Europe News: Switzerland bans PNDs that feature traffic camera warnings

Europe News: Switzerland bans PNDs that feature traffic camera warnings

Switzerland has banned certain devices that provide the location of camera speed-traps and other traffic cameras, effective January 10, 2007.

Usage of these devices in Switzerland is illegal. Drivers caught using them will incur fines, and the equipment will be confiscated and destroyed.

The production, import and sale of such devices is now also illegal in Switzerland.

While retailers have received a list of banned systems, there doesn’t appear to be an official list of “approved” systems.

Furthermore, it is not acceptable to disable the traffic camera warning facility. Systems that include speed- and red-light camera locations or warnings must have such information deleted from the system.

According to Jennifer Fondrevay, NAVTEQ’s European marketing director, traffic camera information is generally not an integral part of the map data; it’s add-on software from either the system developer or the consumer himself.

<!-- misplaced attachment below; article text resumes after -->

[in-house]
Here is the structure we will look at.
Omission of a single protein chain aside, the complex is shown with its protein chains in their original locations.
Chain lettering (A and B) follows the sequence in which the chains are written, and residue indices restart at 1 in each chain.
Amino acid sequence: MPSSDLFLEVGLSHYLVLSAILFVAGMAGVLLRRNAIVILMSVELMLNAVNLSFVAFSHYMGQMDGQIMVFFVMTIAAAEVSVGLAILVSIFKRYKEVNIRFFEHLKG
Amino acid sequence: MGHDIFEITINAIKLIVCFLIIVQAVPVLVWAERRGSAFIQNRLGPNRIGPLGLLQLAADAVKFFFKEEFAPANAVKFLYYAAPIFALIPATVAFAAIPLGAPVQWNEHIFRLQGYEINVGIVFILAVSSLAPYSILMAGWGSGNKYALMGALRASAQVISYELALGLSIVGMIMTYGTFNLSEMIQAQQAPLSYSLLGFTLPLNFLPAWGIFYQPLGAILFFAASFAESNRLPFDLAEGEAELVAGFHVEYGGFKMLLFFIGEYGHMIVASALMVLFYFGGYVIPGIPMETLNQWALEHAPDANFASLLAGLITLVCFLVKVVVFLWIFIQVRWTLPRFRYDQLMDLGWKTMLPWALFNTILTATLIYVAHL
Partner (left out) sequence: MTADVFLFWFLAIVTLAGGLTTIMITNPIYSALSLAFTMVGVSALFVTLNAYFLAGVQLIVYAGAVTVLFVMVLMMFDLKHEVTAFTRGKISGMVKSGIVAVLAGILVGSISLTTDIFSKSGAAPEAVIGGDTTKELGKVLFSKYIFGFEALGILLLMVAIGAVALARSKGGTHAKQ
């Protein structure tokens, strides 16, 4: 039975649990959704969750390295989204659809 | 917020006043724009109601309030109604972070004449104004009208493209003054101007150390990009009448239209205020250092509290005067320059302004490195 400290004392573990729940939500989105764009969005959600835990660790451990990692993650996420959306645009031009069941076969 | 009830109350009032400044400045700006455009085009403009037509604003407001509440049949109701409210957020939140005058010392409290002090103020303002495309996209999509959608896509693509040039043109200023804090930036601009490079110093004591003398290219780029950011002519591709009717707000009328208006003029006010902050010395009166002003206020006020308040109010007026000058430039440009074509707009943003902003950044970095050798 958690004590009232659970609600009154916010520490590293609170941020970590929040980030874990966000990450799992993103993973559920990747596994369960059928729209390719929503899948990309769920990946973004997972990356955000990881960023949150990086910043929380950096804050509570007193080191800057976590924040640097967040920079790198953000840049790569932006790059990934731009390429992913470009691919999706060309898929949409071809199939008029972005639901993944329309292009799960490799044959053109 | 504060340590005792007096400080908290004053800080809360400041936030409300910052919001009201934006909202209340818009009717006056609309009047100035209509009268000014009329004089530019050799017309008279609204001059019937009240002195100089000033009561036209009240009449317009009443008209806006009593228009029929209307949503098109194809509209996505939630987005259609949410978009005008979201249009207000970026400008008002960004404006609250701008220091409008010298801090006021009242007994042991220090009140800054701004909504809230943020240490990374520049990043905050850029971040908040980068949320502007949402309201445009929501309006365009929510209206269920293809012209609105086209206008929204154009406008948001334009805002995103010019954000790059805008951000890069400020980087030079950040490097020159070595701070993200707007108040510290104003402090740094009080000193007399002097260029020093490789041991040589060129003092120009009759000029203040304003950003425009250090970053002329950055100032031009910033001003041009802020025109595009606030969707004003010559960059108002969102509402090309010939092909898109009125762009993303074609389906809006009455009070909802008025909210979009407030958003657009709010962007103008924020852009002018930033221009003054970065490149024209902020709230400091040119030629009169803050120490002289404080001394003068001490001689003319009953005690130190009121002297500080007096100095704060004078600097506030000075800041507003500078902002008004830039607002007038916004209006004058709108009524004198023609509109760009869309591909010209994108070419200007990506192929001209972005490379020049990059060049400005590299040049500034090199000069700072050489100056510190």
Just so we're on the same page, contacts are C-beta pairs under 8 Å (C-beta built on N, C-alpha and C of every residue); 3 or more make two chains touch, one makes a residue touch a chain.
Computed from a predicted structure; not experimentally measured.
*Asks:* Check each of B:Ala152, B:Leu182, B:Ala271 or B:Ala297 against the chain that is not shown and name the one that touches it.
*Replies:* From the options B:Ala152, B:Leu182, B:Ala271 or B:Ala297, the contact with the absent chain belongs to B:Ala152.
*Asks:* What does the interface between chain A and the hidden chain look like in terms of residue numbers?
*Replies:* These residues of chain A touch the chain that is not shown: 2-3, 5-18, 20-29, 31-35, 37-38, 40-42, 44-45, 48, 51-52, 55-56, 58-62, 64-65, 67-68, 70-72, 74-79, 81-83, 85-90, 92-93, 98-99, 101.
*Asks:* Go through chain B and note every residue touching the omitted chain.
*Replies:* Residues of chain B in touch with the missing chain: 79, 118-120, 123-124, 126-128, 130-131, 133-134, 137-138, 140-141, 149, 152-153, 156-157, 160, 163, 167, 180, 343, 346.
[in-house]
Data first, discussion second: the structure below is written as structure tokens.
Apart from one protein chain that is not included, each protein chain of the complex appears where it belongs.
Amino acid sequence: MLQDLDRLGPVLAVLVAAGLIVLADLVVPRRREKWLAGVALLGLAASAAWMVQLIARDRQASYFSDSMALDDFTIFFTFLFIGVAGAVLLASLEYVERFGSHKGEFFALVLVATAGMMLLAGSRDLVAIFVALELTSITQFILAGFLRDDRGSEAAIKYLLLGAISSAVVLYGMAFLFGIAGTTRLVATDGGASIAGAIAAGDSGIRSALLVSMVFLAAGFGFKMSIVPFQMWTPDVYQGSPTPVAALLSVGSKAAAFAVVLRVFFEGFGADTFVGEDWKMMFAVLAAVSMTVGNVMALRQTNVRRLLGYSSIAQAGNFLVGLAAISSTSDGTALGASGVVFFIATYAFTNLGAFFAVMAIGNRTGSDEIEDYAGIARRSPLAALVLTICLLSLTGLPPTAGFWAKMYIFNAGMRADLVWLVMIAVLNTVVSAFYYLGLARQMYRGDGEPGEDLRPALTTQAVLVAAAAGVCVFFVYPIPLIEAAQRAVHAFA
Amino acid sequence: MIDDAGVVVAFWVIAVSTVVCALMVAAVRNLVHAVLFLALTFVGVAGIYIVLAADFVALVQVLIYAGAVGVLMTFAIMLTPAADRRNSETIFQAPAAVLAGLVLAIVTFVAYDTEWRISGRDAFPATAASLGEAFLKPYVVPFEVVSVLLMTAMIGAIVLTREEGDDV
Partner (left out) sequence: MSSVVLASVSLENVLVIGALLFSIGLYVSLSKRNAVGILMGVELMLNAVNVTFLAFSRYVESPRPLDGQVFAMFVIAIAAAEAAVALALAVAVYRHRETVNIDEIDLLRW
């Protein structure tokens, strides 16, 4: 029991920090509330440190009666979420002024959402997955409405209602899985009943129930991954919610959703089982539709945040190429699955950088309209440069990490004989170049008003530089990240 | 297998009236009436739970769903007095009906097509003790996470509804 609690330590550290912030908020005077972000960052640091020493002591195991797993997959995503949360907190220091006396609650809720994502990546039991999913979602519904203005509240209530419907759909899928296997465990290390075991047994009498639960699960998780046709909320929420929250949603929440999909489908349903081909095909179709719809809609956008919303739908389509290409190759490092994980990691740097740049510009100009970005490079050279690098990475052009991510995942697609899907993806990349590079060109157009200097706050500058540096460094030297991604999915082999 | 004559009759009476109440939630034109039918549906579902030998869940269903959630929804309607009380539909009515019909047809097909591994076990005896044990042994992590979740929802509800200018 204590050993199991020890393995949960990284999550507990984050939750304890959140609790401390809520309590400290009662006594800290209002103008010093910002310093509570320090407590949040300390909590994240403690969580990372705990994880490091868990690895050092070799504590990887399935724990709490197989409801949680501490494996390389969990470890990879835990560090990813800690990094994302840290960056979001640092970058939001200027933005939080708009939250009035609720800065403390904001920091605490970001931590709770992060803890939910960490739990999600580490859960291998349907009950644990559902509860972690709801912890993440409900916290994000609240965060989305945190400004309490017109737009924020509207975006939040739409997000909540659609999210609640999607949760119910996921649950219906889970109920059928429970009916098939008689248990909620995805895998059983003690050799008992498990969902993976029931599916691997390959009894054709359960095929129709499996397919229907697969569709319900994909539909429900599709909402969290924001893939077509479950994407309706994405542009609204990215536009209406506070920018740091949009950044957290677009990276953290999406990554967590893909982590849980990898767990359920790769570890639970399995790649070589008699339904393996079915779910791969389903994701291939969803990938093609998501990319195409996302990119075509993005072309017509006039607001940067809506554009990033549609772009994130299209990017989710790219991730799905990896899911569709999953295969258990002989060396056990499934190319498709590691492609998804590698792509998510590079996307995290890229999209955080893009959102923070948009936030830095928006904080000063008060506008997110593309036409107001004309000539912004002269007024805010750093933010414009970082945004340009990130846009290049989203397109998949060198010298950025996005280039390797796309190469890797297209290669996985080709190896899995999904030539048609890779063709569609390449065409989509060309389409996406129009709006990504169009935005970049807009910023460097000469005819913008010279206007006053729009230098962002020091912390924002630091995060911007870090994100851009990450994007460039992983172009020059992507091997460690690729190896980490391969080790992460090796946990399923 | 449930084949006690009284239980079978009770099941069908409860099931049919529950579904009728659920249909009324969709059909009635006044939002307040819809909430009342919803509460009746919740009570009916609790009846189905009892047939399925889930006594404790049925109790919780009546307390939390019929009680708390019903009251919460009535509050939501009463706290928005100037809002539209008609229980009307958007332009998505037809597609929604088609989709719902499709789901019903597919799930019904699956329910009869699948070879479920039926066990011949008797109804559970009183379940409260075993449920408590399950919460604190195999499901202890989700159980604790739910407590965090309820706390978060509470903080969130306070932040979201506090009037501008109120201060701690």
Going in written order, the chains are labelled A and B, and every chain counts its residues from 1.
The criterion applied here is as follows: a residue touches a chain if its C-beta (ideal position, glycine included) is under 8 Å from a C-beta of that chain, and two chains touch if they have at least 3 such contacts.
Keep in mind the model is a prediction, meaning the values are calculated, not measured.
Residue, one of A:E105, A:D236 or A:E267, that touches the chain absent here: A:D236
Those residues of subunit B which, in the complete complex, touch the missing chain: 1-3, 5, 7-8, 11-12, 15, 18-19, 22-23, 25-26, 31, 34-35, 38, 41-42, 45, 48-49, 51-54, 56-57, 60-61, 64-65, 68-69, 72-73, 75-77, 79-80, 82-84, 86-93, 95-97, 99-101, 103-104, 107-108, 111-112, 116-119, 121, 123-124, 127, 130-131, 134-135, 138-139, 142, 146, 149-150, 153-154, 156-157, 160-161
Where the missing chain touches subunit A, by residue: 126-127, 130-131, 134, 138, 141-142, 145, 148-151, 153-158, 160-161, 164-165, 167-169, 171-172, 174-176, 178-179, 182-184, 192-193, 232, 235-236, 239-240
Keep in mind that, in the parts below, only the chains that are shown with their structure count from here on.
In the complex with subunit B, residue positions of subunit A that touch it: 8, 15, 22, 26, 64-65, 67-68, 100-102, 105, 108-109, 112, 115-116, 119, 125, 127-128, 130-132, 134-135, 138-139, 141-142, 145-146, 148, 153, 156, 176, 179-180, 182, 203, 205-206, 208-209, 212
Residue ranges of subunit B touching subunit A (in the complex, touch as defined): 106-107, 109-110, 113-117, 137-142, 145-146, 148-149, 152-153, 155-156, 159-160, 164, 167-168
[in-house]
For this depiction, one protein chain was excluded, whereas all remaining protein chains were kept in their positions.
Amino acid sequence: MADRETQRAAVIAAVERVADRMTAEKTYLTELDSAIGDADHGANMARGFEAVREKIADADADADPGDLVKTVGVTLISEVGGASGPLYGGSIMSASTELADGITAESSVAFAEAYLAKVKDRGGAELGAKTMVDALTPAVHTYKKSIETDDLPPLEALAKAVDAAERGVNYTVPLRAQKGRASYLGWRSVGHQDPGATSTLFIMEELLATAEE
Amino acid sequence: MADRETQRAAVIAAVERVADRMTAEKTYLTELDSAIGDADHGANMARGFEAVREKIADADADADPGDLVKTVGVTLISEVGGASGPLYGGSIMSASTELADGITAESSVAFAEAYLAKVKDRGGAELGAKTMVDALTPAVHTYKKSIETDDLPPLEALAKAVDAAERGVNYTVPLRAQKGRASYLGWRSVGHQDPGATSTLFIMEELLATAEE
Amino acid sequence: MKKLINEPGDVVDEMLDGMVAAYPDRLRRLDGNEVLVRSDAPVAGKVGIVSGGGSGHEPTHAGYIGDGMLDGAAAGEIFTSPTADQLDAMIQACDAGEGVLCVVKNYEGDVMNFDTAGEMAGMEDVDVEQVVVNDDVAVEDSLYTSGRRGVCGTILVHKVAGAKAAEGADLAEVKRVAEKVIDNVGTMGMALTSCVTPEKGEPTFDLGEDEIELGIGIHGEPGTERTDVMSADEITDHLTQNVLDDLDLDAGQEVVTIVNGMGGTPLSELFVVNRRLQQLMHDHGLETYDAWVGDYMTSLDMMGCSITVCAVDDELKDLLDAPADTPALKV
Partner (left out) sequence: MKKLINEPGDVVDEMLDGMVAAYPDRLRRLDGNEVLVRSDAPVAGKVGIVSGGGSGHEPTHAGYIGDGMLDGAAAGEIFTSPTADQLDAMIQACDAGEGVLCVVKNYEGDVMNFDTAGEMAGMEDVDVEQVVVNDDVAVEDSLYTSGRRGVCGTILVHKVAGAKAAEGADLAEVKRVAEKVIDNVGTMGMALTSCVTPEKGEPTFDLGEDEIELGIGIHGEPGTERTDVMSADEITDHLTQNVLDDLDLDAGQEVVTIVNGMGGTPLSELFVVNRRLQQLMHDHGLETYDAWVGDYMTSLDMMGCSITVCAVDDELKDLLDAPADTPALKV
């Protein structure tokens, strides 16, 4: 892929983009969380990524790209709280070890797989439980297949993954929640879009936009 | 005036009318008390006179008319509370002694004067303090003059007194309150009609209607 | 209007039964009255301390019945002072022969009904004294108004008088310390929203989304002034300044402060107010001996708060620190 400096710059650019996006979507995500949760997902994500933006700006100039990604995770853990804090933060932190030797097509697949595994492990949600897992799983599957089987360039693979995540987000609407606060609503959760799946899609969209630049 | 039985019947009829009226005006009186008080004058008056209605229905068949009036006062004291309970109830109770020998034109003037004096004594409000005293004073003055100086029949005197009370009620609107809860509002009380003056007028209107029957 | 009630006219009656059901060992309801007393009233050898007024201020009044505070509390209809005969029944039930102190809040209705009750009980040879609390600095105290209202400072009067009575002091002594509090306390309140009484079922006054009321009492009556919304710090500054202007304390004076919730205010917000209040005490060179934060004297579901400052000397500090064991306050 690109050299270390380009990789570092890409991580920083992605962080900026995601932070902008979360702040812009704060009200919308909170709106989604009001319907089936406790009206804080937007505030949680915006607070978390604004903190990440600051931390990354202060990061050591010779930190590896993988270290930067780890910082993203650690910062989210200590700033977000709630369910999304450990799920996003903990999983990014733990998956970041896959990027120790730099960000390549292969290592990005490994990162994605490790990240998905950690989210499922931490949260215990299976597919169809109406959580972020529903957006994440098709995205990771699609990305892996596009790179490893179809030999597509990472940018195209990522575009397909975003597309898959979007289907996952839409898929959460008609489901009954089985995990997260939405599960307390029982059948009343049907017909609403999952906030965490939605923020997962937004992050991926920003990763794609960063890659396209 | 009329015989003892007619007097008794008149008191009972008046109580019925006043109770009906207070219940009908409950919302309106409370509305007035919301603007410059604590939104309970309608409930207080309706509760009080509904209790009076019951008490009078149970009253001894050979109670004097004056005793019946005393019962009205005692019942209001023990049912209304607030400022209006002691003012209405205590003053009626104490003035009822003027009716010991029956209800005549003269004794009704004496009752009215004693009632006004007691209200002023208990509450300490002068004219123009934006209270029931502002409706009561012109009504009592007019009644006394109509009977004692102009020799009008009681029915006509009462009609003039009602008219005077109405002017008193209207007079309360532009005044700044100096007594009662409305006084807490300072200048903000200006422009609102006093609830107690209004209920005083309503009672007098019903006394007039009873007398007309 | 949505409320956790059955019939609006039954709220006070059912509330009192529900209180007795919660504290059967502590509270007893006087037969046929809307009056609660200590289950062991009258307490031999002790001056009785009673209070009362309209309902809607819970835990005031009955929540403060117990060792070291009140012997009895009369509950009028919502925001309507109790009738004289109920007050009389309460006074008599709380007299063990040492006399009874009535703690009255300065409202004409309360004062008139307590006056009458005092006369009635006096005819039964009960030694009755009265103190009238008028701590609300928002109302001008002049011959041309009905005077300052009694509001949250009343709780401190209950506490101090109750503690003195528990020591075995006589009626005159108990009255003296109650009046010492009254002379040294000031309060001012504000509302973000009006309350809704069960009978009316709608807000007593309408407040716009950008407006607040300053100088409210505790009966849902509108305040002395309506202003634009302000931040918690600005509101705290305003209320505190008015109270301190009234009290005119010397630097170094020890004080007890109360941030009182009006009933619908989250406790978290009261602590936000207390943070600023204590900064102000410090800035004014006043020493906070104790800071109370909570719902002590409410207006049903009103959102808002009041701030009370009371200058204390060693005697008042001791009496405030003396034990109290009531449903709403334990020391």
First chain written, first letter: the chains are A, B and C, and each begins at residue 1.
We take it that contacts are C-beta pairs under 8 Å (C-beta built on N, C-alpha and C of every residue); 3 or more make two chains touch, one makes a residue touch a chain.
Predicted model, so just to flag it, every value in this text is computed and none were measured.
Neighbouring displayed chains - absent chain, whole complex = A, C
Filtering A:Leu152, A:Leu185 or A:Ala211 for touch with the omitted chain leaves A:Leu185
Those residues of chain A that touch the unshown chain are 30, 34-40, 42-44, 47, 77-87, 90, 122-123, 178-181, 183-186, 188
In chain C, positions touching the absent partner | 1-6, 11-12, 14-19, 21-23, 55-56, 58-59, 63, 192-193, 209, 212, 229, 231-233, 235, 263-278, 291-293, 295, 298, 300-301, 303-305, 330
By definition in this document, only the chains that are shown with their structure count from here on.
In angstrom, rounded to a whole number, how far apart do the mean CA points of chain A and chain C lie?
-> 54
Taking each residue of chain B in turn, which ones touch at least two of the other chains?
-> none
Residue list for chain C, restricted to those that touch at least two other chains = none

“Consequently it should be relatively simple to exclude individual countries,” says Ms Fondrevay. “For example, camera information has been illegal in Germany for some time, and systems with pan-European data would simply not have this detail for Germany. This does not affect the other countries, where drivers want to make use of camera information.”

Road Angel’s sales director David Choat says that while he’s aware of the situation, he cannot see that a navigation device that has data for other countries could be illegal in Switzerland, providing the device has no data available for a country where use of such data is illegal.

“I fail to see how Switzerland can decree that a product that has this capability for another country can be illegal in their country, when other countries welcome the products and fully accept the safety advantages that they bring.”

He added that the Road Angel database for navigation products has had all locations removed that fall inside the Swiss border, and the devices have no detection capability. Consequently, on this basis, such devices must be fully legal.

Telematics Update invited Masternaut, TomTom, Tele Atlas and other industry players to comment, but they have yet to respond.

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